Many students don’t take much time to consider the order in which they attack the questions on the LSAT, but the right strategic approach can be extremely valuable. For most test-takers, the natural inclination is to do all or most of the questions in order. However, there are quite a few benefits from a slightly more flexible approach to every section of the test.
Most students start the Logic Games section by diving right into the first game. Instead, the first minute or two of the section might be better spent considering your options! That way you can be sure to start with your favorite game type. You also avoid the risk of being thrown off by a particularly challenging game early in the section.
The same goes for the Reading Comprehension section of the test. Instead of starting with the first passage, take an initial look at all of the passages the section has to offer. If you find a topic you like, you might start with that one; if you like comparative reading passage sets better than longer passages, you might consider starting with those. One primary criterion for such a decision should be the writing style of the author. Some LSAT authors are relatively straightforward, but others take something of an intellectualized approach to writing. I generally recommend reading the first few lines of each passage, and starting with the one whose language you find most immediately accessible and comprehensible.
Flexibility can be particularly valuable in the Logical Reasoning sections of the test. Unlike the other sections, split into games or passages, each Logical Reasoning section features about twenty-five individual questions. This puts you in complete control of the order of attack. As you may have noticed or read, the first several questions tend to be on the easier side, and the later questions tend to be more difficult, but these are, again, only tendencies (the test-makers don’t go out of their way to be predictable, and of course, not everyone agrees across the board about which questions are the most or least difficult). Most students are willing to skip a question or two if they run into something really difficult, but I would recommend skipping much more liberally.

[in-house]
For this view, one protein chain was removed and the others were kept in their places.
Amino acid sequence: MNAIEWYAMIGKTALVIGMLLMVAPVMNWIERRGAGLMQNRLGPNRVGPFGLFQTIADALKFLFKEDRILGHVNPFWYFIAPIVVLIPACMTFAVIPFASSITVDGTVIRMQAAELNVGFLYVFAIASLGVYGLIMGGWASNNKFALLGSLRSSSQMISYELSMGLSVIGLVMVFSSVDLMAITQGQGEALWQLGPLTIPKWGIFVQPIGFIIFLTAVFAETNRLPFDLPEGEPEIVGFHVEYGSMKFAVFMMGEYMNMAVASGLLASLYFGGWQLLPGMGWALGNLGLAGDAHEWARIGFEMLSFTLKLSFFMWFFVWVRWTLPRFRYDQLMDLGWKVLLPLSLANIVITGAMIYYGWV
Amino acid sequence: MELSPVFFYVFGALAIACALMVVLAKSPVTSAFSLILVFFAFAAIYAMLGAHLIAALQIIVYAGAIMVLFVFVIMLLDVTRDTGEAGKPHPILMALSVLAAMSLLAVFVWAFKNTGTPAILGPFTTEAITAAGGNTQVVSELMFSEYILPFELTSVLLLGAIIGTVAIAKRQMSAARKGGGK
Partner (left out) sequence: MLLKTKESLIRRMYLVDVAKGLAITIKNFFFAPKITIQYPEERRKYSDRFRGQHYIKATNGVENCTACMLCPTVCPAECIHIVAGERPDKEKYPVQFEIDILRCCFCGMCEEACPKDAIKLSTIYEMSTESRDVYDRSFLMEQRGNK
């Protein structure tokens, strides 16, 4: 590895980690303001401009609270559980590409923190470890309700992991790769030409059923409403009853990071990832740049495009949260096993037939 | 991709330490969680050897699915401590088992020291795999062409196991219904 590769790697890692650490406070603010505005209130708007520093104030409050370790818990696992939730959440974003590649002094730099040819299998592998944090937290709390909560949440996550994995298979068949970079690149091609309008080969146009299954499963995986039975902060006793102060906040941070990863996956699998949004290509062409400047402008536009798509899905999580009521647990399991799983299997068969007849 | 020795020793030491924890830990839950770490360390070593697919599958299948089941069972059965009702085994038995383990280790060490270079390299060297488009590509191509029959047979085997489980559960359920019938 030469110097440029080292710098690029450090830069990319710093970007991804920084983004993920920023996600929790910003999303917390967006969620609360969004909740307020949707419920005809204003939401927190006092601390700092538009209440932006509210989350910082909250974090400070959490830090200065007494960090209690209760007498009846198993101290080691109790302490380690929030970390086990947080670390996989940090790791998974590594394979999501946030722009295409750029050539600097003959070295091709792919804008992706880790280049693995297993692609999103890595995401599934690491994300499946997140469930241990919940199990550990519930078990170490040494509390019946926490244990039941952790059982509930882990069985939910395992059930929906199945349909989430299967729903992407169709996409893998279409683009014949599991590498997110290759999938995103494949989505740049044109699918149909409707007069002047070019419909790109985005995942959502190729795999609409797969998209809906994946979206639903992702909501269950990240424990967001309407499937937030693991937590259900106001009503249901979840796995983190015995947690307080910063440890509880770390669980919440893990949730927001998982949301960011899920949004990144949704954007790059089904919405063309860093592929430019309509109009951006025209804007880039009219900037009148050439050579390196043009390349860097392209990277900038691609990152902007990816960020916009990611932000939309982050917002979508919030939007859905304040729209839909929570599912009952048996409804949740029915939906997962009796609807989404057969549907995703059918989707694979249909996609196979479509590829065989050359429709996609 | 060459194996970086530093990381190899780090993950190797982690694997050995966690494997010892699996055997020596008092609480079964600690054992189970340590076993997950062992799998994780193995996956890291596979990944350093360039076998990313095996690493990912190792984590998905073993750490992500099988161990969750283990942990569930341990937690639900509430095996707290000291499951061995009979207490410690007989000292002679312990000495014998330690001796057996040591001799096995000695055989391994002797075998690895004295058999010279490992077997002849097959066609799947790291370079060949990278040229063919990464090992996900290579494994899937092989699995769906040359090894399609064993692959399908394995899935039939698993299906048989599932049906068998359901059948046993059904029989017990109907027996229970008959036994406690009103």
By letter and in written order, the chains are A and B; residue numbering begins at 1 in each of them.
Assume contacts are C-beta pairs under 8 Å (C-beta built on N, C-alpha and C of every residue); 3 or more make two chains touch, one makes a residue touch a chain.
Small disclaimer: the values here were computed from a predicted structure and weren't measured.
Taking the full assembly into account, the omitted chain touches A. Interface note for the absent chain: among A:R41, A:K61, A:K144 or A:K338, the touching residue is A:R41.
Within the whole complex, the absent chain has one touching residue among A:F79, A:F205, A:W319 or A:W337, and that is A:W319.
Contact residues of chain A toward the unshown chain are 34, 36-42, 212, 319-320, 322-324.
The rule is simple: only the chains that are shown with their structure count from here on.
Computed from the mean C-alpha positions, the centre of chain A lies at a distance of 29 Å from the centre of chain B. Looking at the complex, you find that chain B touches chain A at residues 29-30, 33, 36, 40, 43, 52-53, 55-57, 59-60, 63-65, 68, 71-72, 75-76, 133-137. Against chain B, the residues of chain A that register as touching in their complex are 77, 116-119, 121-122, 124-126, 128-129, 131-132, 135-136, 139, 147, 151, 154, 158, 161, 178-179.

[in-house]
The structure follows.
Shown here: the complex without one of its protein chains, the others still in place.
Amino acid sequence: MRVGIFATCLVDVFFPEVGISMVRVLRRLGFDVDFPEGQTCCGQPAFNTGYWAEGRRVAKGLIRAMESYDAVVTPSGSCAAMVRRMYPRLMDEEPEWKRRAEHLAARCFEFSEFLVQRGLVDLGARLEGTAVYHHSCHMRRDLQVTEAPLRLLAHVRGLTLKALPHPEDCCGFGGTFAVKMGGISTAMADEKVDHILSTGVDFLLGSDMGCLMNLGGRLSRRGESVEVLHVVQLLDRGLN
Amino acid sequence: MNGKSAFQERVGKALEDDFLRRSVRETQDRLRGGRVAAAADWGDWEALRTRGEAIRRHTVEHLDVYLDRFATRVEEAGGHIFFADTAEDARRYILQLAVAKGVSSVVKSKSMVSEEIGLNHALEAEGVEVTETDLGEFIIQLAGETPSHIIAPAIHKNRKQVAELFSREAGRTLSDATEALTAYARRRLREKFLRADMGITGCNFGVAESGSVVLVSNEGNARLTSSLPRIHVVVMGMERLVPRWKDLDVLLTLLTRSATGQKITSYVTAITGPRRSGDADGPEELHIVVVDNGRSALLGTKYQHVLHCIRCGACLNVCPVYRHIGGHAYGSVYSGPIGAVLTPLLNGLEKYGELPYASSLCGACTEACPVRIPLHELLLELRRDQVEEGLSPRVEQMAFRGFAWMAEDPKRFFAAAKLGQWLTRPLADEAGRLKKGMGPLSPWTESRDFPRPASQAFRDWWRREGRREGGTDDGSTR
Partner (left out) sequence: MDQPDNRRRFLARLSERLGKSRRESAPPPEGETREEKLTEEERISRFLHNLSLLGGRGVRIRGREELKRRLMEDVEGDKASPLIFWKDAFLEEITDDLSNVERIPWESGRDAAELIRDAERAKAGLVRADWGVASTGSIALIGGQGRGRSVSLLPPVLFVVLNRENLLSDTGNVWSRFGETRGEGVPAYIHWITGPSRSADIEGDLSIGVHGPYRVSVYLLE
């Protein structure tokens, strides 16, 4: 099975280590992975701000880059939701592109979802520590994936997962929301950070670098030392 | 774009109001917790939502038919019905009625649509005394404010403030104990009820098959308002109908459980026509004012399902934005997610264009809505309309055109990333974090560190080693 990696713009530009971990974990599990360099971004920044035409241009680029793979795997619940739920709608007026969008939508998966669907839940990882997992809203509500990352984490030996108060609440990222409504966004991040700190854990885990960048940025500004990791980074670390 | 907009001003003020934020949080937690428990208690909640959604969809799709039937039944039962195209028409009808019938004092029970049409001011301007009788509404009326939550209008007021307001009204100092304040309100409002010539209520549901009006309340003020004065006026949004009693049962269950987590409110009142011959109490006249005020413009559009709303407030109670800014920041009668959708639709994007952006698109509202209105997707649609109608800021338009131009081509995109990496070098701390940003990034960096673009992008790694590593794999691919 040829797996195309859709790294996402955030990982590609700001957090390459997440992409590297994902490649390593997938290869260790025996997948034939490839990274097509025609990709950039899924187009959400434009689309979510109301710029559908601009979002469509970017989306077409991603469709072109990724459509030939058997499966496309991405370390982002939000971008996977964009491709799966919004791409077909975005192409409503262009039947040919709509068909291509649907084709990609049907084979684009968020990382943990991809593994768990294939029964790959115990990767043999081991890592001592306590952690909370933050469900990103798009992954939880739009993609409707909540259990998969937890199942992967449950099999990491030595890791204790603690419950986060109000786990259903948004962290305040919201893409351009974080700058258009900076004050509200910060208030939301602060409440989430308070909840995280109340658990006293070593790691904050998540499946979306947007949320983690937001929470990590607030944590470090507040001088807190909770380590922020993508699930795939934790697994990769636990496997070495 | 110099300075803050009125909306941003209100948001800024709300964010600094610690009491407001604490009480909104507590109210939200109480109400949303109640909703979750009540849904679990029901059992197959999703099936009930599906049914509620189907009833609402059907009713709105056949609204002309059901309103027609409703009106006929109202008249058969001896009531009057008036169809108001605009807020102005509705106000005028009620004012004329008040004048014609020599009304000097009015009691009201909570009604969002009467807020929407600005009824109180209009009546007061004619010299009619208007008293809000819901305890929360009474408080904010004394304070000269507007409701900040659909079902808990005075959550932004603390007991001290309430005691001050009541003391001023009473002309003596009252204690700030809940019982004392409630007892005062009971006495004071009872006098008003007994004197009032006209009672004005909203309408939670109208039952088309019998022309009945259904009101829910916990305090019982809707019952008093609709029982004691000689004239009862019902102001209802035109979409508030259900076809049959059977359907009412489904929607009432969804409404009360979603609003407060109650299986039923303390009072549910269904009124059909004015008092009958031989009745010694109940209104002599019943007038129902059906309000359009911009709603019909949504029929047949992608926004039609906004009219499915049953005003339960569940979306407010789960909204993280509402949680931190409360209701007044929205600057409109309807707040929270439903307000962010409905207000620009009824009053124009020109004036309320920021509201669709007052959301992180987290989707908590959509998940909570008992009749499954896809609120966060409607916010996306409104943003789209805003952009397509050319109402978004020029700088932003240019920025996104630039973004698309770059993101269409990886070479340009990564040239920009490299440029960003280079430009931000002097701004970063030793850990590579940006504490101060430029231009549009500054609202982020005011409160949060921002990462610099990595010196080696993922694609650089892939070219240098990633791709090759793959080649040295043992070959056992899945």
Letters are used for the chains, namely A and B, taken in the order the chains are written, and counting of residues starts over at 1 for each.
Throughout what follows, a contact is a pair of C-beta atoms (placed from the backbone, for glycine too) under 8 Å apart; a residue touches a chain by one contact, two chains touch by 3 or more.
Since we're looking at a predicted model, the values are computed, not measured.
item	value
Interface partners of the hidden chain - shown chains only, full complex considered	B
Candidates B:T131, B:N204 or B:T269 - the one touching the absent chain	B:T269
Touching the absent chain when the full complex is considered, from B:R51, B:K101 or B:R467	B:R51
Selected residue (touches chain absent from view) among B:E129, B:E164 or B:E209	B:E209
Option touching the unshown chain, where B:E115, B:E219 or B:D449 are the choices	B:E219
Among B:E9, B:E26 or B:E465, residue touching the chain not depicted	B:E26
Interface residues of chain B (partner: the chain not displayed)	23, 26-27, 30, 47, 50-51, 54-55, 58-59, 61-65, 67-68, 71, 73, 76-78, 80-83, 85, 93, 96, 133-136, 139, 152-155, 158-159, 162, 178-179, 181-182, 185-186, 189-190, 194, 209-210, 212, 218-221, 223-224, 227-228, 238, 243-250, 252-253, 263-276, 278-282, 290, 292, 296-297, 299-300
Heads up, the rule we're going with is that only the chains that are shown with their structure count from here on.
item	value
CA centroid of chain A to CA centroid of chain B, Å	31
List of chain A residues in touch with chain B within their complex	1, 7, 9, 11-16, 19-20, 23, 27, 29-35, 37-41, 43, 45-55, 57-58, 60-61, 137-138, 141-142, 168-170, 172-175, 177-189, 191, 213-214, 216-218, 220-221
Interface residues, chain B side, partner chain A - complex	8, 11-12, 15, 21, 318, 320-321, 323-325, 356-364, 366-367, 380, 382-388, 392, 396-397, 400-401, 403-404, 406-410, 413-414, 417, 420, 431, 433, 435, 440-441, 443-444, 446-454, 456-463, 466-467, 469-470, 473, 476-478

As soon as you encounter a question that seems challenging, particularly long, or even just annoying, skip it! There is a decent chance that there are easier questions elsewhere in the section. It might be beneficial to attack those first. If you go through and choose all of your favorite questions, you start out strong, working on the questions with which you are most comfortable, and you ensure that you have seen all of your favorite questions on the first run through the section. Then, by your second pass through, you’re already warmed up, you have already completed your favorite questions, and you have some grasp on what remains.
A lot of students are more comfortable attacking the questions in order (and some do quite well regardless). Order of attack is one component of the LSAT over which you have complete control. It pays to give yourself every advantage!